Dear Readers, liebe Leser,
What would your reaction be if you were addressed as »Dear Mister Reader?« Would you feel it applied to you? Or would the masculine form exclude you? We are asking because in the German language, all nouns are gendered and the masculine form is usually the dominant form, traditionally used to implicitly include female members, similar to English words like »mankind.« Adressing you as »liebe Leser« (dear reader) is such a case, too, as the feminine form would be »Leserin.« The question takes us straight to the topic of the debate piece in this issue. Or rather the debate pieces – there are five of them in all.
The topic of the debate – the use of gender-sensitive, inclusive language – challenges journalism and science, and indeed anyone who writes or talks publicly. In English, according to common prejudice, everything is easier. However, as in every language, there are a few things to consider when it comes to grammatical and biological gender.
The editors of Journalism Research all agree that gender-sensitive language makes sense. But the question of whether and in which form we want to request or even demand it from our authors triggered fierce debate, arguments and discussions. We decided to make this discussion public. You will find our various positions here.
Max Weber and Donald J. Trump are two famous names who at first glance do not appear to have much in common. On the occasion of Max Weber’s 100th death anniversay, Siegfried Weischenberg has brought the two together in a piece, describing how Weber’s work was handled after his death and why he is now more popular than ever in the USA (and China).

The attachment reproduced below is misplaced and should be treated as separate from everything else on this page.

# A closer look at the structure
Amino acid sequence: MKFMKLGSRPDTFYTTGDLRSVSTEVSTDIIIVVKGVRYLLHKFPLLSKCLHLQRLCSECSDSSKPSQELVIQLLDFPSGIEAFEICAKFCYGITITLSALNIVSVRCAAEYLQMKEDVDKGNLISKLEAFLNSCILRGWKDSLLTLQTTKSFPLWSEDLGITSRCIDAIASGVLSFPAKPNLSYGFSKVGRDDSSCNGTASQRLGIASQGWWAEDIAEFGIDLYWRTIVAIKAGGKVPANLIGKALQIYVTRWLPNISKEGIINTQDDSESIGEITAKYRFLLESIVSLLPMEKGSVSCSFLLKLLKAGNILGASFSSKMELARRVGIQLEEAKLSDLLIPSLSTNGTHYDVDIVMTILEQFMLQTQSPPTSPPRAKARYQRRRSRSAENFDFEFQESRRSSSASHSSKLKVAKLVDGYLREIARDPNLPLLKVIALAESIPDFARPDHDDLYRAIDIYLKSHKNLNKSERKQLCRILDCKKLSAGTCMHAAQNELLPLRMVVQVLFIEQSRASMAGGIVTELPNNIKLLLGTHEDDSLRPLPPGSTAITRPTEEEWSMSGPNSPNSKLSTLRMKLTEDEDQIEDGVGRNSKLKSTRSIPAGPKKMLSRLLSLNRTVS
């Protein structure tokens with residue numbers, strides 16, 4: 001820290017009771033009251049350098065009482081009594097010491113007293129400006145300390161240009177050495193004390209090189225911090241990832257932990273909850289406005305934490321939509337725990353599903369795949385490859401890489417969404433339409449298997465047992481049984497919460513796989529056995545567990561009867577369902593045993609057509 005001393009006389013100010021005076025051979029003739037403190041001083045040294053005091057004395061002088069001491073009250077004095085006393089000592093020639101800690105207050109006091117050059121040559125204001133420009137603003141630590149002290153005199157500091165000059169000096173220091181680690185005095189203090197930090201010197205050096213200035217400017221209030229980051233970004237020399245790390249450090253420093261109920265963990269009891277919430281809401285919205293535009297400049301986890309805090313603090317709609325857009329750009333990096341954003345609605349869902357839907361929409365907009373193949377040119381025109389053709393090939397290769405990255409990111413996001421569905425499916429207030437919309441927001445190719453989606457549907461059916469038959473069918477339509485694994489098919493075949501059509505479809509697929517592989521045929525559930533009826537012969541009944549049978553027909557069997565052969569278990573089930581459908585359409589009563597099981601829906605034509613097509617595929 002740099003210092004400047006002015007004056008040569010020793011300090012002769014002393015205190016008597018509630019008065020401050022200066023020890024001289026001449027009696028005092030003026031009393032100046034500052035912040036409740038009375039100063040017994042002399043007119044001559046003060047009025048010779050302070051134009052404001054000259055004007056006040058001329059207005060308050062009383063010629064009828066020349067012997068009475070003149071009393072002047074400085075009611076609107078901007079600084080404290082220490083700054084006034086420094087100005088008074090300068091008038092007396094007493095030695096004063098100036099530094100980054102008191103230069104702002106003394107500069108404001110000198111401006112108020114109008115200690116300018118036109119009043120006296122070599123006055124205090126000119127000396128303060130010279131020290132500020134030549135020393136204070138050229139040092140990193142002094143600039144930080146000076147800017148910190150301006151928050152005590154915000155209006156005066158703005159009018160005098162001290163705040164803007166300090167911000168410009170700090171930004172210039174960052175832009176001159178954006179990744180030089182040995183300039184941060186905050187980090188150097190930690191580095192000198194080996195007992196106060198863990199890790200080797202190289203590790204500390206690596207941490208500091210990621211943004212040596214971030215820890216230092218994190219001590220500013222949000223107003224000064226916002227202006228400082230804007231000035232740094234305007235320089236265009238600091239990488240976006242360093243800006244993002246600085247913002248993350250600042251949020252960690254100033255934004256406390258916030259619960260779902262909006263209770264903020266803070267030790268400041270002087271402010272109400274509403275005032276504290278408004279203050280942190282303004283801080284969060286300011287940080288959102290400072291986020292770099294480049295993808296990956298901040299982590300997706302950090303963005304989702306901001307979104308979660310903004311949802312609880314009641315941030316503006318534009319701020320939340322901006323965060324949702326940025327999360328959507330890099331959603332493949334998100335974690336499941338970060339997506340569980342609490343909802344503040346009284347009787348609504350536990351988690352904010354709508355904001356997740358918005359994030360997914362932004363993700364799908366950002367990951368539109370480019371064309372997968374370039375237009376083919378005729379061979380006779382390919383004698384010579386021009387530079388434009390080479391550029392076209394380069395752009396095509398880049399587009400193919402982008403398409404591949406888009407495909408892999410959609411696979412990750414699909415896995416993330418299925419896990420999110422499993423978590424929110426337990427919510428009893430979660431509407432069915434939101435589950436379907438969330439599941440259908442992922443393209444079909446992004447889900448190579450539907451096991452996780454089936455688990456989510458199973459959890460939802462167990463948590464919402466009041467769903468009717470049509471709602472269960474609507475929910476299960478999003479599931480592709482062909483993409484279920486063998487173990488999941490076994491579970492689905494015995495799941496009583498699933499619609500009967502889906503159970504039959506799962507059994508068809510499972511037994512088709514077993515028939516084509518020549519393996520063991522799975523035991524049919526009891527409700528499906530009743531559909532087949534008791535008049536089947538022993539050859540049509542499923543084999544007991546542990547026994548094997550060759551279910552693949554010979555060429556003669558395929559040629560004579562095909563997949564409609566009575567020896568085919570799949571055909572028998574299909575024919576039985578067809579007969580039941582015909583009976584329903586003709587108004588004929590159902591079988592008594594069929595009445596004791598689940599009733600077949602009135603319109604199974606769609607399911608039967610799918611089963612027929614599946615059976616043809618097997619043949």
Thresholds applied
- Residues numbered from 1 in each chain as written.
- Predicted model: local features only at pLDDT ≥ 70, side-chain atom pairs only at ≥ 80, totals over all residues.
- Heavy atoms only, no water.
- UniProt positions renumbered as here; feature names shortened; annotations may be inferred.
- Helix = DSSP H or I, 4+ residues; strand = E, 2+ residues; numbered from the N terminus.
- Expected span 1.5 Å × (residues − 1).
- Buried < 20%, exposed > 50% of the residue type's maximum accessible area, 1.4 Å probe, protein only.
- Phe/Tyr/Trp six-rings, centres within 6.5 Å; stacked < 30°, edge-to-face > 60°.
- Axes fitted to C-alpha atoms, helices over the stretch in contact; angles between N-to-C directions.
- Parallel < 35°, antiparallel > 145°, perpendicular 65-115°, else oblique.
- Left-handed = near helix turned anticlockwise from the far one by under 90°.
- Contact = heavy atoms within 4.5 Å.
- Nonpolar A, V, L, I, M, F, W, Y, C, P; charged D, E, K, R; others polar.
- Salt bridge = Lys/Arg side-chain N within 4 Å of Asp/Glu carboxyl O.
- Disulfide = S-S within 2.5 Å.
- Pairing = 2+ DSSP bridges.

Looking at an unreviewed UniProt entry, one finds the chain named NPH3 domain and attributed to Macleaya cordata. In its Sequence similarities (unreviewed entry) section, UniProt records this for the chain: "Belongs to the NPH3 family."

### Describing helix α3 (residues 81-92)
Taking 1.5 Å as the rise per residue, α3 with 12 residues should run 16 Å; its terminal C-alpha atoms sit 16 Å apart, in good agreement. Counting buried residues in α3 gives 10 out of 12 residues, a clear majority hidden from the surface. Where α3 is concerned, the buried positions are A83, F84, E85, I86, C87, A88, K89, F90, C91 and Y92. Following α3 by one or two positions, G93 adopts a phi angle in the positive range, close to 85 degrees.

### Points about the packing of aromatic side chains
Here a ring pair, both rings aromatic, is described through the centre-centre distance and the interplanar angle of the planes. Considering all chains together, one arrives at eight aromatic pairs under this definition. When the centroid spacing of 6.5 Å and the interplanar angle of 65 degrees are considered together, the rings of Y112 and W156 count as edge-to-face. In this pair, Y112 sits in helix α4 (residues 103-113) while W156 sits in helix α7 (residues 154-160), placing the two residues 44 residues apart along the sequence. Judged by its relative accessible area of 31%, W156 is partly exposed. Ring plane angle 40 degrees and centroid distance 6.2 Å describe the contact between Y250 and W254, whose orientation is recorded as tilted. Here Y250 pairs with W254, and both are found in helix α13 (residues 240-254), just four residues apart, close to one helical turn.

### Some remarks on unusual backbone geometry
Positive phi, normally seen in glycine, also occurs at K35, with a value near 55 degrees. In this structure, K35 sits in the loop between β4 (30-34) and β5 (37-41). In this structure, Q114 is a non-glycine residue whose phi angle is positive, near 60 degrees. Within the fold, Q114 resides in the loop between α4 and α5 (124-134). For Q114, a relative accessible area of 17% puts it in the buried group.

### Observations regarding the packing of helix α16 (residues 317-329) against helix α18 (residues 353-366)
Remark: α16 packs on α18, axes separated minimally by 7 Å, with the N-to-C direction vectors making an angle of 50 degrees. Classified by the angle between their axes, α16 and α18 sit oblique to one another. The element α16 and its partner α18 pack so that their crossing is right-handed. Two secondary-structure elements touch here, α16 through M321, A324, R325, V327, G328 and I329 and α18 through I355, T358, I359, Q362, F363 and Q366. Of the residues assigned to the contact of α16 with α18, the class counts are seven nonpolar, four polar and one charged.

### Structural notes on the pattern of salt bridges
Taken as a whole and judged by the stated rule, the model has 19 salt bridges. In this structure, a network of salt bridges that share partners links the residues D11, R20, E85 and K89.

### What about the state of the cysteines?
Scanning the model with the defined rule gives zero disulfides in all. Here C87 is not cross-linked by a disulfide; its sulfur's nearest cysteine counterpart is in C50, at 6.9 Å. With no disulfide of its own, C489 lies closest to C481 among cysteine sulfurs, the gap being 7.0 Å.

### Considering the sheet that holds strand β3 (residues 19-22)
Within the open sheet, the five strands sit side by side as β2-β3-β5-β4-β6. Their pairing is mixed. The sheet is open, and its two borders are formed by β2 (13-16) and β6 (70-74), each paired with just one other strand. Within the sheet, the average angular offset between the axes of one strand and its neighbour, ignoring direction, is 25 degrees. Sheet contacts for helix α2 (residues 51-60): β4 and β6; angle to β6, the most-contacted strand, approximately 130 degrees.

Jonas Schützeneder also refers to Siegfried Weischenberg’s dissertation in his piece. While sports journalists were still considered climbers in 1976, their field has changed significantly in recent years. These climbers have become impeded in their work, not least due to the behavior of certain top soccer clubs.
In her piece »The flood of refugees in our heads,« Carolin Fischer investigates how metaphors used by the media influenced the discourse during the so-called refugee crisis of 2015.
A child to save the world: This narrative is better read as a horror scenario of the climate catastrophe. In their essay, Friederike Herrmann and Ilka Quindeau explain how the reporting on Greta Thunberg provides a distraction from climate change and those responsible for it.
You are welcome to leave comments directly under each paper, essay, and debate piece, or send us an email at firstname.lastname@example.org. We are also always pleased to receive ideas for topics, manuscripts, and critique. Academia would be nothing without debate.
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